The outdoor unit uses its fan to disperse air across the coolant-containing coil. The coolant is at a higher temperature than the air. Thus, the air will transfer some thermal energy away from the coolant. Once again, this process distills the coolant into a highly-pressurized liquid. 

From Thermal Expansion Valve to Indoor Heat Exchanger

The coolant pushes through until it reaches its first thermal expansion valve in this cycle – which is closed. Nevertheless, the coolant bypasses the thermal expansion valve and moves into the retention valve. Again, the retention valve ushers the coolant past the sight glass. It then passes the bidirectional line filter drier until it reaches the second expansion and return valves.

This time the return valve is closed. Consequently, the coolant must pass through the thermal expansion valve this time. The expansion increases the volume of the liquid until it becomes a near-equal mixture of fluid and gas. 

In this state, the coolant has less pressure and heat. As such, it’s ready to move into the indoor unit’s coil, where a fan will blow warm air over it. This time the coolant will extract thermal energy from the air. As a result, the coolant heats up to either boiling or near boiling temperature.   

From Indoor Heat Exchanger to Compressor

The somewhat superheated coolant moves from the outdoor unit into the reversing valve, which sends the coolant to the compressor. The entire cooling process can begin again from here. 

Other Types of Heat Pumps

Types of vector images with heat pump types

Types of vector images with heat pump types

The four main types of heat pumps are:

  • Air Source (air-to-air) Heat Pumps
    • Ductless Air Source
    • Ducted Air Source 
  • Geothermal Heat Pumps
    • Water-Source Heat Pump 
    • Ground-Source Heat Pump
  • Absorption Heat Pumps
    • Oil Heat Pumps
    • Gas Heat Pumps

There are also subtypes and hybrids of heat pumps, such as :

  • Hybrid Heat Pumps Including:
    • Heat Pump with oil/gas boiler option
    • Ground and air-to-air heat pump combination
  •  Solar Heat Pump

There are various types of heat pump systems too. They include:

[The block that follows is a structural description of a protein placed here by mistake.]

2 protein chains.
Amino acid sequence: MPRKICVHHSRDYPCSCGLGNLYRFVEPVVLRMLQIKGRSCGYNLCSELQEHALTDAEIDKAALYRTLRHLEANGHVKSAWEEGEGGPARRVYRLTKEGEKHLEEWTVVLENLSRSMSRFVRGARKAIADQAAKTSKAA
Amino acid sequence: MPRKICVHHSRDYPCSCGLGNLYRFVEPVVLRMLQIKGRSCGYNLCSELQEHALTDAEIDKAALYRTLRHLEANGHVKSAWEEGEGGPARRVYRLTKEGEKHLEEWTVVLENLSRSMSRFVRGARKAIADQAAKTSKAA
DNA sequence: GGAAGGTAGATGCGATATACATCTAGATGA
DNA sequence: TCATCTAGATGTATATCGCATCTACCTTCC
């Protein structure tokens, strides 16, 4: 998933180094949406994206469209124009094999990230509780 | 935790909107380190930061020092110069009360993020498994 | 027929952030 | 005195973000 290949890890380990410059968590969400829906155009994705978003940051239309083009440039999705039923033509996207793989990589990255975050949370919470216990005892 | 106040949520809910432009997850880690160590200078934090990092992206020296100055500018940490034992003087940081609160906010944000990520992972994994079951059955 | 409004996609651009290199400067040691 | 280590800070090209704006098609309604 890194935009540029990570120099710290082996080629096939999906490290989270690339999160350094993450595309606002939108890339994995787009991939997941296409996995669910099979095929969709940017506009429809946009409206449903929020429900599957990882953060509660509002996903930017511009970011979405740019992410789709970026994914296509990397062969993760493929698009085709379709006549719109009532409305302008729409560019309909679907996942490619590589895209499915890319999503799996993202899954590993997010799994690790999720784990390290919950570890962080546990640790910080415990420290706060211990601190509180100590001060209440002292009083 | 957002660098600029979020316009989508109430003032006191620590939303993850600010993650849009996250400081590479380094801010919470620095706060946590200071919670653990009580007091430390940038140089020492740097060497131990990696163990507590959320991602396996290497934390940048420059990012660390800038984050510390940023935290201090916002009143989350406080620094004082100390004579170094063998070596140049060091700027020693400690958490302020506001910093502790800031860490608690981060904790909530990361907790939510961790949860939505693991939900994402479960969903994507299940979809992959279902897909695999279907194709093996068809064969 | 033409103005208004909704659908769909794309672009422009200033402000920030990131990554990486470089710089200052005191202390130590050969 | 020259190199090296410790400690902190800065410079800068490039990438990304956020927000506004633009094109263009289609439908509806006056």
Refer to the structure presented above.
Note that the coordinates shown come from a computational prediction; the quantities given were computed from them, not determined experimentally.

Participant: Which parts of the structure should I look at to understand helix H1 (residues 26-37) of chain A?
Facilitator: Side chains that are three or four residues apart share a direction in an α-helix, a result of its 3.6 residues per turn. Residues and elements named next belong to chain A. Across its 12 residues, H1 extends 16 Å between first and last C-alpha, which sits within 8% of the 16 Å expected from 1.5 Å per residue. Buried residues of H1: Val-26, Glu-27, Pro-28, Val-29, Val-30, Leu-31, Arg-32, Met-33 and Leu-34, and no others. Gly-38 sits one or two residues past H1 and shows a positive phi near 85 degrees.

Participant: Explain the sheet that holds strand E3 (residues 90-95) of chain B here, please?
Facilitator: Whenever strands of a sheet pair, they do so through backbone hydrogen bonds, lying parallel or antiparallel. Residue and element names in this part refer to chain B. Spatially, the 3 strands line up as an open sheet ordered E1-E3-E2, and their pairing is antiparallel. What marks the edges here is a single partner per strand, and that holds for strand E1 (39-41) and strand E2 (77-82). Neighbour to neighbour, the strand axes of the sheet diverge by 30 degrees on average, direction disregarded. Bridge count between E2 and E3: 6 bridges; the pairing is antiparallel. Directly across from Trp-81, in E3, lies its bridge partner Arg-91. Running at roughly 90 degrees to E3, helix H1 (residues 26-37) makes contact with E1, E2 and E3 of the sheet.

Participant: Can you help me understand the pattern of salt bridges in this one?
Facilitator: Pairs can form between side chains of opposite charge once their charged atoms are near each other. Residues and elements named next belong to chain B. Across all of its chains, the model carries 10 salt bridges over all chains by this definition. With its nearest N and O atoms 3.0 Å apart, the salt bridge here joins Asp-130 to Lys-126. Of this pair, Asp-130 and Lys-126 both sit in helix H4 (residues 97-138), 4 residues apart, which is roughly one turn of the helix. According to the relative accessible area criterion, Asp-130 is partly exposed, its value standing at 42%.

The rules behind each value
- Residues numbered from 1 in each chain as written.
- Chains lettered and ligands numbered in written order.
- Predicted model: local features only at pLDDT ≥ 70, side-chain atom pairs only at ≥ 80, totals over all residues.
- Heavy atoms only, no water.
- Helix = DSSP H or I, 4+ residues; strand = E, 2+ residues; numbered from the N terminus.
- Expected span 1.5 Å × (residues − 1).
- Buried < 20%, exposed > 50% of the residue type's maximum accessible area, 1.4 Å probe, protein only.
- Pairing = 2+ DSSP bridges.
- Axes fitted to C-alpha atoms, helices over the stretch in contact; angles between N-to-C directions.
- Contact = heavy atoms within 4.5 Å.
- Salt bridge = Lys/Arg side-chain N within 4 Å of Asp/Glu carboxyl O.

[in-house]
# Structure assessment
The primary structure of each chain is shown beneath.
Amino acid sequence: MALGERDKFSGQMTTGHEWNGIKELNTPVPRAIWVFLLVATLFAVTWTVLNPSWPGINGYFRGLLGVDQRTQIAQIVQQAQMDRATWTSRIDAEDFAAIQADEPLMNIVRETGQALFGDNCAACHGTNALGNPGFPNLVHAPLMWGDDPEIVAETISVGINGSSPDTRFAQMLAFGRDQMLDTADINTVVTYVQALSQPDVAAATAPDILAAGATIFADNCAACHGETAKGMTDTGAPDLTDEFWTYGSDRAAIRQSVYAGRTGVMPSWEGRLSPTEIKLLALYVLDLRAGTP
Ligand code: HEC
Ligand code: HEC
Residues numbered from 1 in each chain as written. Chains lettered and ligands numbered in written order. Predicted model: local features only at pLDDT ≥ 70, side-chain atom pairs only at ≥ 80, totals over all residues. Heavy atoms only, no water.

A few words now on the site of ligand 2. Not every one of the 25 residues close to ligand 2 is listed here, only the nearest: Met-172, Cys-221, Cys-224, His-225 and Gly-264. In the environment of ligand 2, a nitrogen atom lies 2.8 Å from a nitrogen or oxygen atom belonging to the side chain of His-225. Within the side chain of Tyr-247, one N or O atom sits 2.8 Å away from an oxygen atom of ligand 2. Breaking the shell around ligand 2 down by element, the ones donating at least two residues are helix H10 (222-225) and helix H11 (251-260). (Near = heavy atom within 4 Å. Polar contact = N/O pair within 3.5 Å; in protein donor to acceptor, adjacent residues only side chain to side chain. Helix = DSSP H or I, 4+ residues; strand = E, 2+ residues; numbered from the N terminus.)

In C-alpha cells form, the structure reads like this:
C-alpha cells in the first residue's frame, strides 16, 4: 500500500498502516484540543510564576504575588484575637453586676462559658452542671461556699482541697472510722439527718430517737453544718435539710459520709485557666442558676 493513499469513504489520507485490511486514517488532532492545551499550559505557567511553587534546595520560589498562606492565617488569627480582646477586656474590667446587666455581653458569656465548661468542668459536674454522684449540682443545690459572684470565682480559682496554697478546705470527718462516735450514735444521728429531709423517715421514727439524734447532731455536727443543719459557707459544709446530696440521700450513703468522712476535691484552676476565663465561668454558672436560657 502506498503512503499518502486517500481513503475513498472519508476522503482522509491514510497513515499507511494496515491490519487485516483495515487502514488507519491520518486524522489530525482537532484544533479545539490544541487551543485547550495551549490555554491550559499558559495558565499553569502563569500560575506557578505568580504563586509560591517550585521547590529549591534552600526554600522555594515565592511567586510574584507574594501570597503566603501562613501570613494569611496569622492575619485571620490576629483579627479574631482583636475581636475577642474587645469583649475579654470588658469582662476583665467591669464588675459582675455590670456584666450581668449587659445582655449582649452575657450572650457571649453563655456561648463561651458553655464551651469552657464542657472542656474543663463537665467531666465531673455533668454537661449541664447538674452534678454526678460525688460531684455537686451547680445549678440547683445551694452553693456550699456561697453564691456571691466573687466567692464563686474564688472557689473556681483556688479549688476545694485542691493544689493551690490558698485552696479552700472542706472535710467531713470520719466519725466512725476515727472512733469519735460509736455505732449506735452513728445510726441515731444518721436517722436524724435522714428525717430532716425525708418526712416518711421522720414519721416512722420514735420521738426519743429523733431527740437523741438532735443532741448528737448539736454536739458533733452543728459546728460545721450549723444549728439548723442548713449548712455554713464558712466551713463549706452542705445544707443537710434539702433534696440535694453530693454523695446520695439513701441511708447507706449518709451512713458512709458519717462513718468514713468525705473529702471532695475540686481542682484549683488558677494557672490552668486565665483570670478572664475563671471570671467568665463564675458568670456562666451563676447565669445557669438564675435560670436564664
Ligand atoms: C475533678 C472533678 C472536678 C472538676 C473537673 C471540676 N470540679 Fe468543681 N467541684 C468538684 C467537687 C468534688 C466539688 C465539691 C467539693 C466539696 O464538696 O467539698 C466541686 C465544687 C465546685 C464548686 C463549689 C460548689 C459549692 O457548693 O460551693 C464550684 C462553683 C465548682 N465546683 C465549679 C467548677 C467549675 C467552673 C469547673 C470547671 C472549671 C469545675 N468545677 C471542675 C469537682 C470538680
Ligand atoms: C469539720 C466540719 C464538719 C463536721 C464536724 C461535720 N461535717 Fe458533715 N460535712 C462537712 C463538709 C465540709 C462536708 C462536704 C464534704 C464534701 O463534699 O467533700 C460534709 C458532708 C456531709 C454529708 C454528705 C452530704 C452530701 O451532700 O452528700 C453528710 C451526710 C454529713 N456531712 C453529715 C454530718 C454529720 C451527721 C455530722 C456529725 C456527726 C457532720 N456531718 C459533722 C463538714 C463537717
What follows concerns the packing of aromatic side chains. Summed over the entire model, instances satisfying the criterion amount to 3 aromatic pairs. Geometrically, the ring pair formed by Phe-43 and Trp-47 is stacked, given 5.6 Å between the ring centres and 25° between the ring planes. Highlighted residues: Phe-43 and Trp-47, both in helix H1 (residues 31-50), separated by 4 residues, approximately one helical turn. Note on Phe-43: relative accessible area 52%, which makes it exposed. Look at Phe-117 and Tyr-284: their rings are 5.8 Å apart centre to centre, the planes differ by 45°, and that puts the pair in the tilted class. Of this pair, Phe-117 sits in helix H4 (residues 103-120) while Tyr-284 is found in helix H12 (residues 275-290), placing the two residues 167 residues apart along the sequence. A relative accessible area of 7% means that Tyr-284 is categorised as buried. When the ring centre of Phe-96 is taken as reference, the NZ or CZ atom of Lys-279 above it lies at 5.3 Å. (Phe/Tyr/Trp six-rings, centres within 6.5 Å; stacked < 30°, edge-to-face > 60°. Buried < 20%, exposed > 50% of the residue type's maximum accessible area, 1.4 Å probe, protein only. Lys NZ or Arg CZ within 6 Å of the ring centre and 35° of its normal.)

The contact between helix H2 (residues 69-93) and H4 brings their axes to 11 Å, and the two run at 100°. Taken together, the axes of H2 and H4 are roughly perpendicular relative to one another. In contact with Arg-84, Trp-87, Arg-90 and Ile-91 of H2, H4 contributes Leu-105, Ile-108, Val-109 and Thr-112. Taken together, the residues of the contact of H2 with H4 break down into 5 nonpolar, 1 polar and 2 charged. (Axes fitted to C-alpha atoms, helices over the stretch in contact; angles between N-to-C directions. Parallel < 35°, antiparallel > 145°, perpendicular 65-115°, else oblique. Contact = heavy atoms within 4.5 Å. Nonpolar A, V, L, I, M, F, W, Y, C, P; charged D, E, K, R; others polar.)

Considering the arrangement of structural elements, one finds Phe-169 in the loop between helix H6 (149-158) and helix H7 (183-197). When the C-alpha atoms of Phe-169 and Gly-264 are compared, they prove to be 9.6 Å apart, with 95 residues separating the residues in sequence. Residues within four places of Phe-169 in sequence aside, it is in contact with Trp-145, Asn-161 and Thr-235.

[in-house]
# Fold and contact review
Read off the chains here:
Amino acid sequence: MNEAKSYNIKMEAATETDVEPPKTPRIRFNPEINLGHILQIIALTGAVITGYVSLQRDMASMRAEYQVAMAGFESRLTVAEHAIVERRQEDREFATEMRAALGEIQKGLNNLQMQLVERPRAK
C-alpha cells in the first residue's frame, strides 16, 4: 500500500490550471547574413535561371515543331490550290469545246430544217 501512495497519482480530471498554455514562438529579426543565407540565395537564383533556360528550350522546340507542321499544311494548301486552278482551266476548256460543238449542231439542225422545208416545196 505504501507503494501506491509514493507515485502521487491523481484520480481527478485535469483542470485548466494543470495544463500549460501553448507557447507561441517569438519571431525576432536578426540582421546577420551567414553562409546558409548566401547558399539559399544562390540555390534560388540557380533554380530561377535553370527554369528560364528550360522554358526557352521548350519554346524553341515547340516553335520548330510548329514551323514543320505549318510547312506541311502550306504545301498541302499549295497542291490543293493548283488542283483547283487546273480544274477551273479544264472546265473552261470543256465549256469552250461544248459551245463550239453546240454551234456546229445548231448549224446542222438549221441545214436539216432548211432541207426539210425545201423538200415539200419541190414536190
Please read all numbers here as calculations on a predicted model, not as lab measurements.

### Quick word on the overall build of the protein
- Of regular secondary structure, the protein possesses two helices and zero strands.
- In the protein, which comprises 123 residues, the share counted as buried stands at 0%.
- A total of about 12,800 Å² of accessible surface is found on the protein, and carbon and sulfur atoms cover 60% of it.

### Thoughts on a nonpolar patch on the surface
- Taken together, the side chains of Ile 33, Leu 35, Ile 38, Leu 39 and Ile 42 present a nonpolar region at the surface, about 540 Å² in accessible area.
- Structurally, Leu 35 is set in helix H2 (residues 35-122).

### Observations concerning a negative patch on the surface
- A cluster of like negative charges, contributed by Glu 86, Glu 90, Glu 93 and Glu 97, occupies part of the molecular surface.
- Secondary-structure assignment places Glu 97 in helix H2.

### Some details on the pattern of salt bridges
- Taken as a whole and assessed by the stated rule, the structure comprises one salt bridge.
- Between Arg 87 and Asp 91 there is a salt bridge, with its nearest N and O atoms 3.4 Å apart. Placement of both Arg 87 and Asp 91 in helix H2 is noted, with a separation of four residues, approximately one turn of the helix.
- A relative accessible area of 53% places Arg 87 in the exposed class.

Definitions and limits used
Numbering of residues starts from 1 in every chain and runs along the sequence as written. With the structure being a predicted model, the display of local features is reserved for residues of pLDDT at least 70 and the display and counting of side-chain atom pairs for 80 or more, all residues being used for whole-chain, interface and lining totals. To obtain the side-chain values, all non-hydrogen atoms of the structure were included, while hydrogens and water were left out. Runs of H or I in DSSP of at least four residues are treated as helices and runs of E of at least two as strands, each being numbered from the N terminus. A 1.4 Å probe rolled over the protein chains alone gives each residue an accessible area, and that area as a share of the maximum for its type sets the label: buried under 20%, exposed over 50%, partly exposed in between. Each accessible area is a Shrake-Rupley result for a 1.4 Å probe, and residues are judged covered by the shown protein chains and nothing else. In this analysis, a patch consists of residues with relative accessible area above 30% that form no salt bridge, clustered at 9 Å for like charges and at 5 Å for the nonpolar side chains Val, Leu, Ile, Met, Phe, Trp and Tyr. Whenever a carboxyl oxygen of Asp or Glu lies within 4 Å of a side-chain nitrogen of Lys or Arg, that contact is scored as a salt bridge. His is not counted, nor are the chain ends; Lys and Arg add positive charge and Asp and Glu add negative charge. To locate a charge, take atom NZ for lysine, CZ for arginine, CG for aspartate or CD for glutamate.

• Split Systems
  • Package Systems
  • Mini Split (Ductless)
  • Window Heat Pump
Technician installing a heat pump unit

Technician installing a heat pump unit

Pros and Cons of Heat Pumps

Heat pumps come with a set of advantages and disadvantages. Since there are different types of heat pumps, we’ll once again focus squarely on the most popular type – air-source heat pumps.


  • They can help you save on your gas or oil bill
  • Heat Pumps are extremely efficient
  • They are easy to use (user-friendly)


  • Causes a slight increase in electricity usage
  • You may have to install new radiators for your heat pump system, which can be expensive too
  • Heat pumps require stringent planning and can be difficult to install for apartments and other complex housing. 
Technician changing heat pump refrigerant

Technician changing heat pump refrigerant


Do heat pumps use a lot of electricity?

Heat pumps will raise your electricity bill substantially. Of course, this depends on the model and how often you use the heat pump. Nevertheless, heat pumps can increase your bill by $50 to $100 on average.

Do heat pumps dry your home?

Heat pumps can dry your home and act as dehumidifiers. They ultimately remove the moisture from the ambient air in your home.

Outdoor heat pump in front of solar panels

How long do heat pumps last?

The average lifespan of a heat pump is 10 to 15 years. However, this depends on how often you use the heat pump. Most people use their heat pumps all year round. This can reduce the lifespan of your heat pump significantly.

Are heat pumps cheaper to run than gas?

While heat pumps will increase your electricity bill, they use their power source far more efficiently than a gas furnace or any other solutions that use fossil fuels. In fact, they deliver more heated energy than the energy they consume. 

Do heat pumps need maintenance?

You should regularly maintain your heat pump. This ensures that it runs and uses energy as efficiently as possible. Furthermore, well-maintained heat pumps tend to last longer than those that are not.


The above guide covers how heat pumps work. It mainly focuses on air-to-air heat pumps since they are the most common type. Which heat pump you ultimately choose for your home will depend on the size of your home, the climate, etc. Heat pumps are good alternatives to electric and gas heaters. If you want to learn more about lighting and other electronics for your home, do not hesitate to contact us.